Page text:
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​Are Mothers More Likely to Get Child Custody During Divorce?

Are Mothers More Likely to Get Child Custody During Divorce

Children are the most important—and often the most contentious—consideration in a divorce. Fortunately, Florida law seeks to protect the interests of children at every stage of the proceedings.

Previously, this protection included giving default custody to the mother during a divorce in most cases. However, this policy has changed in recent years, making a child custody lawyer a valuable asset for parents contemplating divorce.

Ending the Tender Years Doctrine

For many years, judges around the country made decisions based on the so-called tender years doctrine. This principle holds that young children are better off with their mother, who is generally seen as more nurturing.

Other assumptions and stereotypes also accompanied the tender years doctrine, such as the portrait of the male as the sole breadwinner and thus the one most likely to be responsible for alimony and child support.

Family law attorneys working during the heyday of the tender years doctrine could expect custody to be awarded to the mother in roughly 90 percent of cases.

The times no longer reflect these historical assumptions.

These days, women make up almost as much of the workforce as men—often more, in specific sectors. And studies estimate the number of stay-at-home dads in the country exceed 1 million. It would make little sense to blindly give the mother sole custody in light of these statistics.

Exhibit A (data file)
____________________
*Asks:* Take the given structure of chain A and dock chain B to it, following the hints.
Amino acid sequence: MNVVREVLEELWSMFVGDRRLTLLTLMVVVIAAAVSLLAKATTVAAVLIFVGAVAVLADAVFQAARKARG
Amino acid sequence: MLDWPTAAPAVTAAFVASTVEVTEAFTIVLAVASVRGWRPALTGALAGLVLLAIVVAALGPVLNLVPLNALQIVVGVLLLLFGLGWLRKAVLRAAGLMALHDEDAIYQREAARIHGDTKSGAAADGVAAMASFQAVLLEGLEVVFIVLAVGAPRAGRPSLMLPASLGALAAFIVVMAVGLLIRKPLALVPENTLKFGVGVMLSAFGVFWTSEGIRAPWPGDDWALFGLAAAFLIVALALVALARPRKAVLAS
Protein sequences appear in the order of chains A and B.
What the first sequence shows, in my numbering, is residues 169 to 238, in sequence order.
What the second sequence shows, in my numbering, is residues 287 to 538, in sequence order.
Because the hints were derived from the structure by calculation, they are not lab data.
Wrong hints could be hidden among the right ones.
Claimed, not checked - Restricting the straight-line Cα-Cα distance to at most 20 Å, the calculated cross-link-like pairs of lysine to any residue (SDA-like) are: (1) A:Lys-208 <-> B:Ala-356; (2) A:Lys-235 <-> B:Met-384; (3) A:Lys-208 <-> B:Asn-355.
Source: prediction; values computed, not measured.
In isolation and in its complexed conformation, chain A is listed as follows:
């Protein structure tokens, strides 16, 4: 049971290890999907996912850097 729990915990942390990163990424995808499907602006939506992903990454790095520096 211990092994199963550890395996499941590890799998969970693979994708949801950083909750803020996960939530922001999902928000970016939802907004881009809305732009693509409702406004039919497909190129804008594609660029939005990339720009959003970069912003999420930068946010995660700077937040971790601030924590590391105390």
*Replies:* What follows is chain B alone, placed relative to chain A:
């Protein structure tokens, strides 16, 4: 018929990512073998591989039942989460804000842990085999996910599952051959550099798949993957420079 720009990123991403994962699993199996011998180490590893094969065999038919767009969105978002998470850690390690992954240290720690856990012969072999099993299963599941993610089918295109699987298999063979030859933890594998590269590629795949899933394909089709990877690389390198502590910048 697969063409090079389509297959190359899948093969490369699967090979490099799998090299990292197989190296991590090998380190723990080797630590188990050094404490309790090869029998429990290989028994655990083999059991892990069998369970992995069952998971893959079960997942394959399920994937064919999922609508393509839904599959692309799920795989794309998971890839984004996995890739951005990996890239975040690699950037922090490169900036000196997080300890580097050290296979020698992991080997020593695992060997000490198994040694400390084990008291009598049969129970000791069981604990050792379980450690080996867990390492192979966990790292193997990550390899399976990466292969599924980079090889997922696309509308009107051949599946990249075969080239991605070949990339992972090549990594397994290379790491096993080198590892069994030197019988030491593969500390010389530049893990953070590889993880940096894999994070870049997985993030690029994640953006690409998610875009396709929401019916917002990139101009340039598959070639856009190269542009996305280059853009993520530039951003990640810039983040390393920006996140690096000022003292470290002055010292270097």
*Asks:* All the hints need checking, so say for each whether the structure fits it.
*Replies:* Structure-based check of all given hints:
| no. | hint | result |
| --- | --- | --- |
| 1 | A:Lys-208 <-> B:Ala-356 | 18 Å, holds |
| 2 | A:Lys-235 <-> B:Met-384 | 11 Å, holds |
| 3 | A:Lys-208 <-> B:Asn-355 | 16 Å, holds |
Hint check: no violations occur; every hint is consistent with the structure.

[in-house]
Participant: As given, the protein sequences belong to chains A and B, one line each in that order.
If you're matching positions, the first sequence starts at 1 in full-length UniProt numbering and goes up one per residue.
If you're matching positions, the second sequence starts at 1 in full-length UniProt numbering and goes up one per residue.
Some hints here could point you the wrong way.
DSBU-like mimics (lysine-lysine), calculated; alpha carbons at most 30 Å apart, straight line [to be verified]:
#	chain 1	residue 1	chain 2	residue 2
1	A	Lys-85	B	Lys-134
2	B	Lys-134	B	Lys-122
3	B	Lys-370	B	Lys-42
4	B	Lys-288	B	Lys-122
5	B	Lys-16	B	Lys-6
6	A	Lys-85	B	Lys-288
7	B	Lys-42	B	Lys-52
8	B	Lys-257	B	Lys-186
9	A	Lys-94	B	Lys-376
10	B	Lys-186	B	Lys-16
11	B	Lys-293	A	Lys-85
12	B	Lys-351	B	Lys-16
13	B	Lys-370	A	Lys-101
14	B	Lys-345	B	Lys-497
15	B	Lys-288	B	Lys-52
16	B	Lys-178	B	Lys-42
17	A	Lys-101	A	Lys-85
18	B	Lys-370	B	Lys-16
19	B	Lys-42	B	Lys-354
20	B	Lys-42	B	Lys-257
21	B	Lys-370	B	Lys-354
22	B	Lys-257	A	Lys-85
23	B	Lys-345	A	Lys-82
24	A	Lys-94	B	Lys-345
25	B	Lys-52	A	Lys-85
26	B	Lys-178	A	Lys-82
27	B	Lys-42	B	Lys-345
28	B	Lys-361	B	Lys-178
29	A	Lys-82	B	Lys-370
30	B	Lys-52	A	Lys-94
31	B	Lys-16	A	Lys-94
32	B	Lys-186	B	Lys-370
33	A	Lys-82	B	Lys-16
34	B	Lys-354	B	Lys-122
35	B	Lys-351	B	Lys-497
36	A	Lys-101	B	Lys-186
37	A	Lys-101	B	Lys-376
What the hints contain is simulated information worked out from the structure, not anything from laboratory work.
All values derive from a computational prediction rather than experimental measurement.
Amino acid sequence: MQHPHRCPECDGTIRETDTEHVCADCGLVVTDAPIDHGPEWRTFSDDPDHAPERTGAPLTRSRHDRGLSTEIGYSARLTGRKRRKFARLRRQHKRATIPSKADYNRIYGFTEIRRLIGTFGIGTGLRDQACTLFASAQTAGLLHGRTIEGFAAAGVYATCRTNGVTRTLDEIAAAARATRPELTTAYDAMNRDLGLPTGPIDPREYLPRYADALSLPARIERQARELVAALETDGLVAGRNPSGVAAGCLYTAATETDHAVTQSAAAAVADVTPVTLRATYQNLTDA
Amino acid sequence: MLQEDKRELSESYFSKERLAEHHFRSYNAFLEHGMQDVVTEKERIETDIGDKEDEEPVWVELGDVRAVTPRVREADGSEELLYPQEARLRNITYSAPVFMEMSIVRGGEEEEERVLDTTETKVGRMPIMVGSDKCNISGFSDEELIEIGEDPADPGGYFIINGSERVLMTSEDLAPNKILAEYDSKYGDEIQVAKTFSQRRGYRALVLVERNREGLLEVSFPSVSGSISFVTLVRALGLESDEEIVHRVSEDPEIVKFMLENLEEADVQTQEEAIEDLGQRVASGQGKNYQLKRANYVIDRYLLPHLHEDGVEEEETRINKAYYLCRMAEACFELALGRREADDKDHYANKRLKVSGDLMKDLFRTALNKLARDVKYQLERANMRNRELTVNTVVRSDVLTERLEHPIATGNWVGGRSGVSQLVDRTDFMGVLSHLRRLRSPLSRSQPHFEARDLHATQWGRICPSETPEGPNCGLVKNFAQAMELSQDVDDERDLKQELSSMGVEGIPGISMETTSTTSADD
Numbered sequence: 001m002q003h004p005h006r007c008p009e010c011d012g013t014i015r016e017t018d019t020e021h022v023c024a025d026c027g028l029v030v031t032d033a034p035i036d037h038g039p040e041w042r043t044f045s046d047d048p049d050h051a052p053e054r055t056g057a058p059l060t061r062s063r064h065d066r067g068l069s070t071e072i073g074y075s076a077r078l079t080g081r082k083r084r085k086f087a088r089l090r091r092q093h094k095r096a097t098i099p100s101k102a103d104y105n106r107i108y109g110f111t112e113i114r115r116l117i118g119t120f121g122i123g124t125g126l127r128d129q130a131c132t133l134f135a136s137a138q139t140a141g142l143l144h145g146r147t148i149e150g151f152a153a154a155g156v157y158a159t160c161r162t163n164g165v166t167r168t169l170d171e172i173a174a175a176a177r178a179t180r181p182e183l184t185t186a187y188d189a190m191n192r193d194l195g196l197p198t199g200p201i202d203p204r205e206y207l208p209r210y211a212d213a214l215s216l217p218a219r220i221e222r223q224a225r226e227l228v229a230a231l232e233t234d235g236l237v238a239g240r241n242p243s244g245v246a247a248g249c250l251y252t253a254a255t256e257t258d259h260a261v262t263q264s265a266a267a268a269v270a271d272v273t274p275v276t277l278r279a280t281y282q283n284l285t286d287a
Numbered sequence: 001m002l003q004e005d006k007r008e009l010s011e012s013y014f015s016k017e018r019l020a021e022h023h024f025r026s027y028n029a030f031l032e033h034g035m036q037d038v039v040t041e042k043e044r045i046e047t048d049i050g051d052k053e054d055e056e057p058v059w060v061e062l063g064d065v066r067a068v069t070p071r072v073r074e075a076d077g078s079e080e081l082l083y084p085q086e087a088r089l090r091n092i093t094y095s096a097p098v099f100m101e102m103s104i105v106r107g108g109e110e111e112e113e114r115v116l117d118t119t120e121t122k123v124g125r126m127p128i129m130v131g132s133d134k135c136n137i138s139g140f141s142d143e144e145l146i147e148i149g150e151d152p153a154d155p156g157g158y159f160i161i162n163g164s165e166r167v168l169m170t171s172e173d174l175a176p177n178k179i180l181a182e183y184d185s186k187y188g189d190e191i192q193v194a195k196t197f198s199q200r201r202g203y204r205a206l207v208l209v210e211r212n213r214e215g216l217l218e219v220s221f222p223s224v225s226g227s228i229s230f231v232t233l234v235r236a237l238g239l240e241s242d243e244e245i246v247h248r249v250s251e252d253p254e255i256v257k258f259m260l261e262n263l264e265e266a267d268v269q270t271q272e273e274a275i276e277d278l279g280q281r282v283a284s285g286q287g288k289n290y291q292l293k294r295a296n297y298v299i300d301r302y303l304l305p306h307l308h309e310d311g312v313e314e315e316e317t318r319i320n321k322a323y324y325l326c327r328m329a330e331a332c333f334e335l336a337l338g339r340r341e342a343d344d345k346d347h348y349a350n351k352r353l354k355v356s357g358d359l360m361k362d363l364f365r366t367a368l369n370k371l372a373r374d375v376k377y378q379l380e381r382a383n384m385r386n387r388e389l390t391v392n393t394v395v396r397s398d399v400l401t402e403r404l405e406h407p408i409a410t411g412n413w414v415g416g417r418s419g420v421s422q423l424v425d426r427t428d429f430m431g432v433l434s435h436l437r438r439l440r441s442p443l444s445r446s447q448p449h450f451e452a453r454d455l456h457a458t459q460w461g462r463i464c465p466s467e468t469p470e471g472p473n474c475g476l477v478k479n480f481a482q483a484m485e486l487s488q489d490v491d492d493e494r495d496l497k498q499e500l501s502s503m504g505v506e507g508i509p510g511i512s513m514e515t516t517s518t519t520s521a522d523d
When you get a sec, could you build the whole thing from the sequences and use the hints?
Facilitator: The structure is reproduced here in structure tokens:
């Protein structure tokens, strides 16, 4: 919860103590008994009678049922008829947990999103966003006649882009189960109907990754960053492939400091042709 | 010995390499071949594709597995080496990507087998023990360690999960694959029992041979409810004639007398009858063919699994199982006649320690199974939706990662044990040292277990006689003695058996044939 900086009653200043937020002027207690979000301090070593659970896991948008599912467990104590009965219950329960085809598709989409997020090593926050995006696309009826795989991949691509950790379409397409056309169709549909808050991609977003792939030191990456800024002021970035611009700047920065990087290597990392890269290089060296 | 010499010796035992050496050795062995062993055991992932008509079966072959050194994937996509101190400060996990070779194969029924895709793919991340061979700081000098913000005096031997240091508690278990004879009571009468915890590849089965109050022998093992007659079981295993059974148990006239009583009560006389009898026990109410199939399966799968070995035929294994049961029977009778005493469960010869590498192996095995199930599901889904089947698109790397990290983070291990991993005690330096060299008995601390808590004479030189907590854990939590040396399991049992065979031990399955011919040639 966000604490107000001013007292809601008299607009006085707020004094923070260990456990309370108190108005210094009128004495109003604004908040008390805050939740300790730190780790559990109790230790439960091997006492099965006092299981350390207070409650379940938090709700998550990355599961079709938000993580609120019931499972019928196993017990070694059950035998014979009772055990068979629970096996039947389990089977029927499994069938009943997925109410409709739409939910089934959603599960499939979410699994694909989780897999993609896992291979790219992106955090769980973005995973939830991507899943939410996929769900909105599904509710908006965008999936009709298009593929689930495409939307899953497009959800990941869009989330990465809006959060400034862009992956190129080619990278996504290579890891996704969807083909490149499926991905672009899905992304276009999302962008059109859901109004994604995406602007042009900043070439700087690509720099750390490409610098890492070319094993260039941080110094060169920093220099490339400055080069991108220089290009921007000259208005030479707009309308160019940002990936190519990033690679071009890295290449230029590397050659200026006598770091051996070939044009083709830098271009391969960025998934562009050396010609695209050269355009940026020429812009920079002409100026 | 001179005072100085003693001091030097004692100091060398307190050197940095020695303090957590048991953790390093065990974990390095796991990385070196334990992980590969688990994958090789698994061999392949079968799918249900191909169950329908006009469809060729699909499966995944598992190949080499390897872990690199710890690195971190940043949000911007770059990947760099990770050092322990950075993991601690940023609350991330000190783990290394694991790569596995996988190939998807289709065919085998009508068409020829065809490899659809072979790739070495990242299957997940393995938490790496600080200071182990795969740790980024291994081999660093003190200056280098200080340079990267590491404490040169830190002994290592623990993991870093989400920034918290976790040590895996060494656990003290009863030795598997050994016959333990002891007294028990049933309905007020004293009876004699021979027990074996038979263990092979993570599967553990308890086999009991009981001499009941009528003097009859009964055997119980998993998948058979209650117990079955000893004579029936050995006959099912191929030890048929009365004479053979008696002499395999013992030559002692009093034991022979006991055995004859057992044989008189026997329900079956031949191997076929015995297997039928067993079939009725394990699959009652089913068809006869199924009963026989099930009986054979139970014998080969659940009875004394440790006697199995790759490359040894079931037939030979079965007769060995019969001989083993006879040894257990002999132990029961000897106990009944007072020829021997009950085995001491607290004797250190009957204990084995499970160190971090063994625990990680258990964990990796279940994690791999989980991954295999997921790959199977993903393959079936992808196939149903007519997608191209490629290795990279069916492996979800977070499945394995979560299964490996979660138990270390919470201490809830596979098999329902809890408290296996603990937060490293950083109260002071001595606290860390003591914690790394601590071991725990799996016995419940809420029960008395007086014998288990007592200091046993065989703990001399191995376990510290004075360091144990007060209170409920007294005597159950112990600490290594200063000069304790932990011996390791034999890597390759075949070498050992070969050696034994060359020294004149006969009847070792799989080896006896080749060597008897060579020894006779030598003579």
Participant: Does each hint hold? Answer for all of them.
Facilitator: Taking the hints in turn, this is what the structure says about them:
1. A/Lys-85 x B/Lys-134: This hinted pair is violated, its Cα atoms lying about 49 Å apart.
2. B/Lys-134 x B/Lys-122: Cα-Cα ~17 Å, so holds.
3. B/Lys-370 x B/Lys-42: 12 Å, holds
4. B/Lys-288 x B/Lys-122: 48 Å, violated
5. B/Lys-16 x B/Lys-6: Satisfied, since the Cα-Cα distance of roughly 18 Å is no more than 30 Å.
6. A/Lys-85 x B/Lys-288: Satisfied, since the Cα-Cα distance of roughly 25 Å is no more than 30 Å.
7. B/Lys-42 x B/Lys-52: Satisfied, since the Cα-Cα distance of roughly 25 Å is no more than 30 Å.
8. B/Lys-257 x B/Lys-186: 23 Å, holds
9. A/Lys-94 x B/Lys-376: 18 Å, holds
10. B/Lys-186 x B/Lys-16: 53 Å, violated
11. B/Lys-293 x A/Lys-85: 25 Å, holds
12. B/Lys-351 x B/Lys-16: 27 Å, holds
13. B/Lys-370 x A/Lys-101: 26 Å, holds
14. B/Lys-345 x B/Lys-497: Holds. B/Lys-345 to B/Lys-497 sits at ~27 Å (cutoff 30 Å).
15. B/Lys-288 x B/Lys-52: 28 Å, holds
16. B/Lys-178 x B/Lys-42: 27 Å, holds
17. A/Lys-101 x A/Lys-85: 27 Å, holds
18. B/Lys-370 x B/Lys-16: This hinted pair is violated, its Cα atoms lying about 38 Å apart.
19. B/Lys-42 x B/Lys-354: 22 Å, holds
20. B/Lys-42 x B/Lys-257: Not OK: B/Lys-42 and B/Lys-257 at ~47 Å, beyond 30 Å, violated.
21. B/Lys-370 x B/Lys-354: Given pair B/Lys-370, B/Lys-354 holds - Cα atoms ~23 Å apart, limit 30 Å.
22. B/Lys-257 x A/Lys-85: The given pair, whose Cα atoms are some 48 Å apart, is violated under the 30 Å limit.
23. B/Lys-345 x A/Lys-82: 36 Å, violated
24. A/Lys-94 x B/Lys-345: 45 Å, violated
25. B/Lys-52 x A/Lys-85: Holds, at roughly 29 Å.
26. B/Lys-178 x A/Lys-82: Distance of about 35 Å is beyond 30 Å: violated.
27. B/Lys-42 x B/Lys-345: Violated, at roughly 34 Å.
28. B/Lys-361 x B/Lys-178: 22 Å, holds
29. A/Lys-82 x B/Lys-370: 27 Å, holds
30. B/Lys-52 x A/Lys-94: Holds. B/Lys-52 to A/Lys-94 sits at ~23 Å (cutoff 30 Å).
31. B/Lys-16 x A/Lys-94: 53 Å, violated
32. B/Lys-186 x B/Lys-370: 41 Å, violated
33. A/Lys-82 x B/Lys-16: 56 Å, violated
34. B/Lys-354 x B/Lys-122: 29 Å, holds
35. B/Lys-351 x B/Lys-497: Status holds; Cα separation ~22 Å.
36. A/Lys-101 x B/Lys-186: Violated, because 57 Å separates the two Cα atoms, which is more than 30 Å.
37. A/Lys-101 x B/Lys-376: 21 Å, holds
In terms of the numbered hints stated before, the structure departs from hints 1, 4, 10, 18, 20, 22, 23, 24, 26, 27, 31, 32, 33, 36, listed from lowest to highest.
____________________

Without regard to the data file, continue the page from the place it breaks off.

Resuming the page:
Determining Custody in Florida

The best way to decide custody is through a mutual agreement between parents who respect one another and have a clear interest in the child’s well-being and an established track record of care.

Sadly, agreements like these are hard to come by in many divorces. Judges frequently get involved in decision-making, so both parents should be ready to hire a family law attorney.


Factors Determining Custody

Past family court decisions in Florida and many other states routinely placed children in the mother’s custody rather than the father’s. However, the sex of the parent is no longer taken into account during divorce custody proceedings. Instead, the court considers several factors that help it determine an appropriate outcome.

Guiding the judge is the belief that children do best when both parents have a hand in their rearing. Even so, there are circumstances in which the judge may decide that granting sole custody to the mother is in the child’s best interests, like when the mother’s family law lawyer presents damaging evidence against the father.

According to various studies, children who grow up in households with only one parent tend to do worse than their peers in many ways, including academically and financially. Co-parenting, which sees both parents equally involved in a child’s life, seeks to offset the effects of one parent being absent from the home.

Some of the factors judges consider when determining custody include:

  • Each parent’s willingness and capacity to play a role in the child’s life
  • Each parent’s willingness to honor the terms of the parenting plan
  • The proposed division of parental responsibilities
  • The geographic reasonability of the plan
  • The moral fitness of each parent
  • The child’s record in the community and at school